By 1860, Houston had emerged as a commercial and railroad hub for the export of cotton. Railroad spurs from the Texas inland converged in Houston, where they met rail lines to the ports of Galveston and Beaumont. During the American Civil War, Houston served as a headquarters for General John Bankhead Magruder, who used the city as an organization point for the Battle of Galveston. After the Civil War, Houston businessmen initiated efforts to widen the city's extensive system of bayous so the city could accept more commerce between downtown and the nearby port of Galveston. By 1890, Houston was the railroad center of Texas.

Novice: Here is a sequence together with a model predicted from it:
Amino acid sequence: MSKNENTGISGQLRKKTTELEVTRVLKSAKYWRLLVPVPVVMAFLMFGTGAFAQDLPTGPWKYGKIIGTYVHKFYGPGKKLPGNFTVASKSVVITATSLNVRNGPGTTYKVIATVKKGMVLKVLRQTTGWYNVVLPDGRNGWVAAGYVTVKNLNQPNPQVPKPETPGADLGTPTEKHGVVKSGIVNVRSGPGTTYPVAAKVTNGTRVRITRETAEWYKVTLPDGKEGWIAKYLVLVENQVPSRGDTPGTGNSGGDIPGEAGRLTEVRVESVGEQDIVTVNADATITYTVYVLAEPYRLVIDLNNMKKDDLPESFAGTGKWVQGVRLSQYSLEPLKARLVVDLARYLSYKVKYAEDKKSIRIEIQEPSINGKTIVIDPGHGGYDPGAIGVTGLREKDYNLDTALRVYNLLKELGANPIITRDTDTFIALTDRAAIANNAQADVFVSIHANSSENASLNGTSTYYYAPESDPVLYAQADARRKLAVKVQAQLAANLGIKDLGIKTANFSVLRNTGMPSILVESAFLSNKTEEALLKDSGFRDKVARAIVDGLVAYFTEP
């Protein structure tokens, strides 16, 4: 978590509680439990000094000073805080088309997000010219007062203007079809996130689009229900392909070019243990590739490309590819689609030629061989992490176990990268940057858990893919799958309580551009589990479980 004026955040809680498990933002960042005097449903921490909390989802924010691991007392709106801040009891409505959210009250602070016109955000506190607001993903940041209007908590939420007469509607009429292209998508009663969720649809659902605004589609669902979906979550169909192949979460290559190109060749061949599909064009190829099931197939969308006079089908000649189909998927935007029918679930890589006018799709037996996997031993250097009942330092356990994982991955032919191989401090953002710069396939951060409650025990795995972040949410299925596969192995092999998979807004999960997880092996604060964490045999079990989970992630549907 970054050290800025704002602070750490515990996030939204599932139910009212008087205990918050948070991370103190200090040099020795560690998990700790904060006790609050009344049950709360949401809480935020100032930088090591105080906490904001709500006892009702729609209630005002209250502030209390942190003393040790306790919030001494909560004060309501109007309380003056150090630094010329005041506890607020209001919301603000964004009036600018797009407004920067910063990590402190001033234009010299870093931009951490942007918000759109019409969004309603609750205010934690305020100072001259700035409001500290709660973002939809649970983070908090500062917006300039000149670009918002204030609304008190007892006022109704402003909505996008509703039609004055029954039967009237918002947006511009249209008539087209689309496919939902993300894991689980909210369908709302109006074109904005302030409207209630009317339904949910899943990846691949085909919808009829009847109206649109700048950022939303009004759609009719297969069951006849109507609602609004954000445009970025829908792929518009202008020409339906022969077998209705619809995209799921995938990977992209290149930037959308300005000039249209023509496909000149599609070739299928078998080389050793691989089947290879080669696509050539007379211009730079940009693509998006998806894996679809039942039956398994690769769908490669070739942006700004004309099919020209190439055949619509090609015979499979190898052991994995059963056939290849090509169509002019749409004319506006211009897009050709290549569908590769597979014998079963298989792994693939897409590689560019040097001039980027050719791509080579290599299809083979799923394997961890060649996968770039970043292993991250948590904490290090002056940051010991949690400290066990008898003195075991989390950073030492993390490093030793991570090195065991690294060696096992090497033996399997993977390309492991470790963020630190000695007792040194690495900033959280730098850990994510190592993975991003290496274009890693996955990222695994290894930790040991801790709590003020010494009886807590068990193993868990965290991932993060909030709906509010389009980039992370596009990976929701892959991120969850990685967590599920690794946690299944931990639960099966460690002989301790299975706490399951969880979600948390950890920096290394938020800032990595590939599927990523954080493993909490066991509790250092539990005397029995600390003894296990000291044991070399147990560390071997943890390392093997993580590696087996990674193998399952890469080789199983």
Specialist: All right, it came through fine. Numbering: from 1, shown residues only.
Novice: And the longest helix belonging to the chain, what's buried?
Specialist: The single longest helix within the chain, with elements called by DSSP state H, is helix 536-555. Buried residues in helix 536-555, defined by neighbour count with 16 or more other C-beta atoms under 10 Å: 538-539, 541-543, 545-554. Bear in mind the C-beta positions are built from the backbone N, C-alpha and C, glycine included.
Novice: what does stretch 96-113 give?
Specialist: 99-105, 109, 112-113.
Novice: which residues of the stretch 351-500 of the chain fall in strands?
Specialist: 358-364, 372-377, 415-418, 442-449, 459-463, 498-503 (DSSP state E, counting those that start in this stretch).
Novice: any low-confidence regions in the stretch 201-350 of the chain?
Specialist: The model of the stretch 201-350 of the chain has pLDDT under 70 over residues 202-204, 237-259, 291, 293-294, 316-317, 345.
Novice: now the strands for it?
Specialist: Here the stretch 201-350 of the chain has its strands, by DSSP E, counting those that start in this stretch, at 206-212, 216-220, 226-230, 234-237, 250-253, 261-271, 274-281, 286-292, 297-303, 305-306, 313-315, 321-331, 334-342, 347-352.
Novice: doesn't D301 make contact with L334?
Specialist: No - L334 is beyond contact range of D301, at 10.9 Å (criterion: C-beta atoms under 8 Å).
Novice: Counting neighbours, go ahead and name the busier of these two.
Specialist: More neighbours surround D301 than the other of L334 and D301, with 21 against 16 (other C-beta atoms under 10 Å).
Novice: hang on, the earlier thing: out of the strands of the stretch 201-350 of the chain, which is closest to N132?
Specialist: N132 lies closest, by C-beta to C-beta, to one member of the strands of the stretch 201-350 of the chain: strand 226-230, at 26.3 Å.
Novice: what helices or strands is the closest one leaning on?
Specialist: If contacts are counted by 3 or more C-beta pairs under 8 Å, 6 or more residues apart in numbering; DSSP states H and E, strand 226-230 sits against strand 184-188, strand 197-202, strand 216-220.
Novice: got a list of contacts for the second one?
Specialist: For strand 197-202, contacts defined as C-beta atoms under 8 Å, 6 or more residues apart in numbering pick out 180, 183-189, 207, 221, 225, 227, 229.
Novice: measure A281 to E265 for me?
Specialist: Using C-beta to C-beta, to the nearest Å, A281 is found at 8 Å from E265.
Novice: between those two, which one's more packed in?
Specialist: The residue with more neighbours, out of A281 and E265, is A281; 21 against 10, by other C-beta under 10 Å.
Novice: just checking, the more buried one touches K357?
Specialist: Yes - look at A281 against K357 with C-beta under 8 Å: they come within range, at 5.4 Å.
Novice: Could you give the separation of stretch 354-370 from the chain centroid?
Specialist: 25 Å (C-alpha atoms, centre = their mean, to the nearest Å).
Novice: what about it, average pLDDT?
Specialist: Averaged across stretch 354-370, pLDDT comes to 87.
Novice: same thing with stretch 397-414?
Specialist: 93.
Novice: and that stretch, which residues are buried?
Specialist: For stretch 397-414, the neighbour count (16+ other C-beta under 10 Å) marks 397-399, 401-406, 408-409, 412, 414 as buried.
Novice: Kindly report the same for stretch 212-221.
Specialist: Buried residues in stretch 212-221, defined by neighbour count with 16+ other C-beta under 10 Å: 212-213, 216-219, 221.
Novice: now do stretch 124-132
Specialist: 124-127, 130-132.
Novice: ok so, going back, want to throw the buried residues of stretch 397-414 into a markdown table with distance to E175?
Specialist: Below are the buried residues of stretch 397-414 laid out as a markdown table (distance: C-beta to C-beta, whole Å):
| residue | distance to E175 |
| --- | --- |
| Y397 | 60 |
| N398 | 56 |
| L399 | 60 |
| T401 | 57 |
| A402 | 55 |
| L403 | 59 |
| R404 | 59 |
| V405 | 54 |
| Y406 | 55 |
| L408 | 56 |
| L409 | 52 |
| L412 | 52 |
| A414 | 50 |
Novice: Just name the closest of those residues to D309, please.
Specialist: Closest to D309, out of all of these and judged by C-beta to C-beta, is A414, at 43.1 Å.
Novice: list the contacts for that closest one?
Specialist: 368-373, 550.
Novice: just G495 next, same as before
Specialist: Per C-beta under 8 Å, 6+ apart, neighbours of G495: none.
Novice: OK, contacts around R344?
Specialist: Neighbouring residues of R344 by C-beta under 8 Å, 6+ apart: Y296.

Could you simplify the words spur and inland here. ( I know inland means interior and spur has to do with encouraging, but in context the definitions in my mind are incompatible with the context, presumably, am i right?
I also would be greatful if anybody could tell me what does the phrase ** could accept more commerce** means.